Ask! Ask! Ask! Plenty of people willing to negotiate on price aren’t going to just tell you they are (some will start right away depending on the industry, some won’t). You will often only know once you ask. It will feel embarrassing at first, but it will start to feel less forced with a little practice. In certain industries (like discount furniture), it’s anticipated. Consider too your approach: instead of asking “Can I get a discount?” which may come off haughty, ask “Is this the best price I can get on this?” or “Would you take X?” Or, suggest what your budget is and ask if they can help you meet it. This is definitely a catch more flies with honey than vinegar situation. Talk to the other person as respectfully as you can and listen to their justifications if they give them (because sometimes acknowledging that you’ve heard them is part of it) — not as an opponent.
4. Be prepared to justify your reasoning and be ready to walk away.
If you know that company X is selling a competitively-priced item, if you found a flaw, or if you know that the couch comes in another color or finish at a different price, etc., you can use that to justify why you think your offer is fair instead of sounding like you plucked it out of thin air. Grabbing onto actual reasons makes your offer sound a little more fortified, even if it’s a minor detail from your perspective for why you want it (you can still suggest it’s something you’re willing to take off of the seller’s hands despite its imperfections, right?).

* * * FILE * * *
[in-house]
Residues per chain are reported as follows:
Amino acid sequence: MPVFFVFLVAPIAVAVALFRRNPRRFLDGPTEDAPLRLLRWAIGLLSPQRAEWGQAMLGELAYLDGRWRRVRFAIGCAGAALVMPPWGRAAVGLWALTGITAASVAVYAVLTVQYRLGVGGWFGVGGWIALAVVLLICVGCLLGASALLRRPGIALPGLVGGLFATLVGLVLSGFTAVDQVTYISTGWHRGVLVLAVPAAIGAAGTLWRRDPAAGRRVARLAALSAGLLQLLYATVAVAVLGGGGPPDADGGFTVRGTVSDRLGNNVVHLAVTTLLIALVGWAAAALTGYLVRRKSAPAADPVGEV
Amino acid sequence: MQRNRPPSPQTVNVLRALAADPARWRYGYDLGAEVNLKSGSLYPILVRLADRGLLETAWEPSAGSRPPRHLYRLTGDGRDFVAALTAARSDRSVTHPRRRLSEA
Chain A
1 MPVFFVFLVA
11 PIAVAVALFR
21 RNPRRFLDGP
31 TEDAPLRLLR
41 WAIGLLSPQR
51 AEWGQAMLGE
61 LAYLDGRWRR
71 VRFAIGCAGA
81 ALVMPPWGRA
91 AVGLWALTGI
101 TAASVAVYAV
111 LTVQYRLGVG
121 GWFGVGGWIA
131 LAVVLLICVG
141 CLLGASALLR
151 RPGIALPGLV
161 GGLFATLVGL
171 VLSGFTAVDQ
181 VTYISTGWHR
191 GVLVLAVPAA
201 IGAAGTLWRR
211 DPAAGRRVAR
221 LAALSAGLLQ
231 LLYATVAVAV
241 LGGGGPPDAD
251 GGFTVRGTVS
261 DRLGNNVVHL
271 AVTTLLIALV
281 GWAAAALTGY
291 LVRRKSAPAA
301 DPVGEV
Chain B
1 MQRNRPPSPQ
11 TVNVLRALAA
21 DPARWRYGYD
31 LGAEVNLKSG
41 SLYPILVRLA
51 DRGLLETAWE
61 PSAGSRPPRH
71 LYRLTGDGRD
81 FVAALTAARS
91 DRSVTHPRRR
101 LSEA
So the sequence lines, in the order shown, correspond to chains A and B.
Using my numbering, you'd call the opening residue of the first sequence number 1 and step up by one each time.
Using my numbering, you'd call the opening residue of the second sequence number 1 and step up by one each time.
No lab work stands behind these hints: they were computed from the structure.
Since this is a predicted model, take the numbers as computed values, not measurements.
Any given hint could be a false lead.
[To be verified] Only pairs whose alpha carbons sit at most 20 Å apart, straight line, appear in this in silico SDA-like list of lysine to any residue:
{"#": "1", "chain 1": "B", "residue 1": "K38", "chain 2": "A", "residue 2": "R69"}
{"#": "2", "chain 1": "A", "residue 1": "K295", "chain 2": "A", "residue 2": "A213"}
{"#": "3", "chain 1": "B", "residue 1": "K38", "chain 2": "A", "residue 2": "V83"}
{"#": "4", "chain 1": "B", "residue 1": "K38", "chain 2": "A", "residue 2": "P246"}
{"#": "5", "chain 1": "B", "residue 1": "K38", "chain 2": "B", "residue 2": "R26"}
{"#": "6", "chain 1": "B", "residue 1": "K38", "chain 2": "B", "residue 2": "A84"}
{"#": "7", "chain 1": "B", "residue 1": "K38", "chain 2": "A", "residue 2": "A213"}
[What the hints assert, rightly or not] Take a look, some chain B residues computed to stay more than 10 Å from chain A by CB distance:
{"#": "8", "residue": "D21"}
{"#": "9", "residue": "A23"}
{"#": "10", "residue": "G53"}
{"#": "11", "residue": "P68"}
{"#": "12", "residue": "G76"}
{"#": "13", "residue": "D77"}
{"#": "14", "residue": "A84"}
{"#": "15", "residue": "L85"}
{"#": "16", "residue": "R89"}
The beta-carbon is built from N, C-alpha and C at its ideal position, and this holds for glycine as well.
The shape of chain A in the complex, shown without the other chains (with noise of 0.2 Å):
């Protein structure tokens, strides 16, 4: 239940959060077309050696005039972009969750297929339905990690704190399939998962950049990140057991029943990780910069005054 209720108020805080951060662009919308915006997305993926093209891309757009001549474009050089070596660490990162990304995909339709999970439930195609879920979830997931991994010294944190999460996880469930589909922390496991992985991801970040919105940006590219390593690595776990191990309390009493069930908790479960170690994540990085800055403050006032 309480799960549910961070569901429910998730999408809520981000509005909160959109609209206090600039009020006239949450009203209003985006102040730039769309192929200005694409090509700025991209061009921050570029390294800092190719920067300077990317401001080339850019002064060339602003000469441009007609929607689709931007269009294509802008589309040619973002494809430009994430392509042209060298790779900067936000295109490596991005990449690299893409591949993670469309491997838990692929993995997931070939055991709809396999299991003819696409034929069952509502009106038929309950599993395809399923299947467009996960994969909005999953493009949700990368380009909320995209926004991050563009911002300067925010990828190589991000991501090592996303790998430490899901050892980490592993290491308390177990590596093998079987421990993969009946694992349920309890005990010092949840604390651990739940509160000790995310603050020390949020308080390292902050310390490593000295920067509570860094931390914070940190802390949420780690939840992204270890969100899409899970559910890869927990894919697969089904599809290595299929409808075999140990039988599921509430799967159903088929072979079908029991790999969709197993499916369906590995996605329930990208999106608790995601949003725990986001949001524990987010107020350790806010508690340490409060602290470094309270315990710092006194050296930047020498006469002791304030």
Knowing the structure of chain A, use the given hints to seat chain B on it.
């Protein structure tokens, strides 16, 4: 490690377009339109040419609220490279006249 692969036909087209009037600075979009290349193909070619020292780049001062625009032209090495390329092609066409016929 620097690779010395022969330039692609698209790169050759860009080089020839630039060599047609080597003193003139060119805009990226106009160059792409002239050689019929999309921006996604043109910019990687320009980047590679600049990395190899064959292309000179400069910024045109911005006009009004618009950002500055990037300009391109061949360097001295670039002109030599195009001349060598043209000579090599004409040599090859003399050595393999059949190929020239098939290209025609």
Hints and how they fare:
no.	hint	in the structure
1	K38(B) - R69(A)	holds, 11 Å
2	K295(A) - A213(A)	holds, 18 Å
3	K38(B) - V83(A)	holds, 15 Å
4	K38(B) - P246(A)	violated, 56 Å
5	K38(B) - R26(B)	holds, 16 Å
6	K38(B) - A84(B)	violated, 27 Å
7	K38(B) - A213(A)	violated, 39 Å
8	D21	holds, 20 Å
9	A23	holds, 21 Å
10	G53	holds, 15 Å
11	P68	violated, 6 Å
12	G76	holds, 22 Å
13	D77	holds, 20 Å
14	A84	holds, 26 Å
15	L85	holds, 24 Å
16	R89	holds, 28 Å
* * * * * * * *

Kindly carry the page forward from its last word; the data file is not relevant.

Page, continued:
Be prepared to let your own physical presence — or lack thereof — do part of your negotiating, too. Walking you to a different part of the store (such as to the sales desk), involving a manager (“passing the buck”), or other actions are well-known tactics that sellers might use to make you feel like you’re less in control. You can use that same tactic for your own advantage and start walking toward the door. Many times they’ll start throwing out numbers after two or three steps.
5. After asking for what you want, keep quiet and observe.
Silence is a very powerful bargaining tool. Nervous chatter or talking like you think you’re slick (from you or the seller) is easy to pick up on. When you go mum, sellers will sometimes try to fill that void with details or puff up their pitch (perhaps assuming it will interrupt your objections). If they interpret your silence for unhappiness, they might repackage their offer while including something else thrown in, such as free delivery or $100 off. If they repackage it more than once, you will be able to take a mental tally of the kinds of things they’re willing to throw in for free, and can even ask for all of those things ($100 off AND free delivery, for example) as part of agreeing to buy.
6. Be willing to wait or to pick up yourself.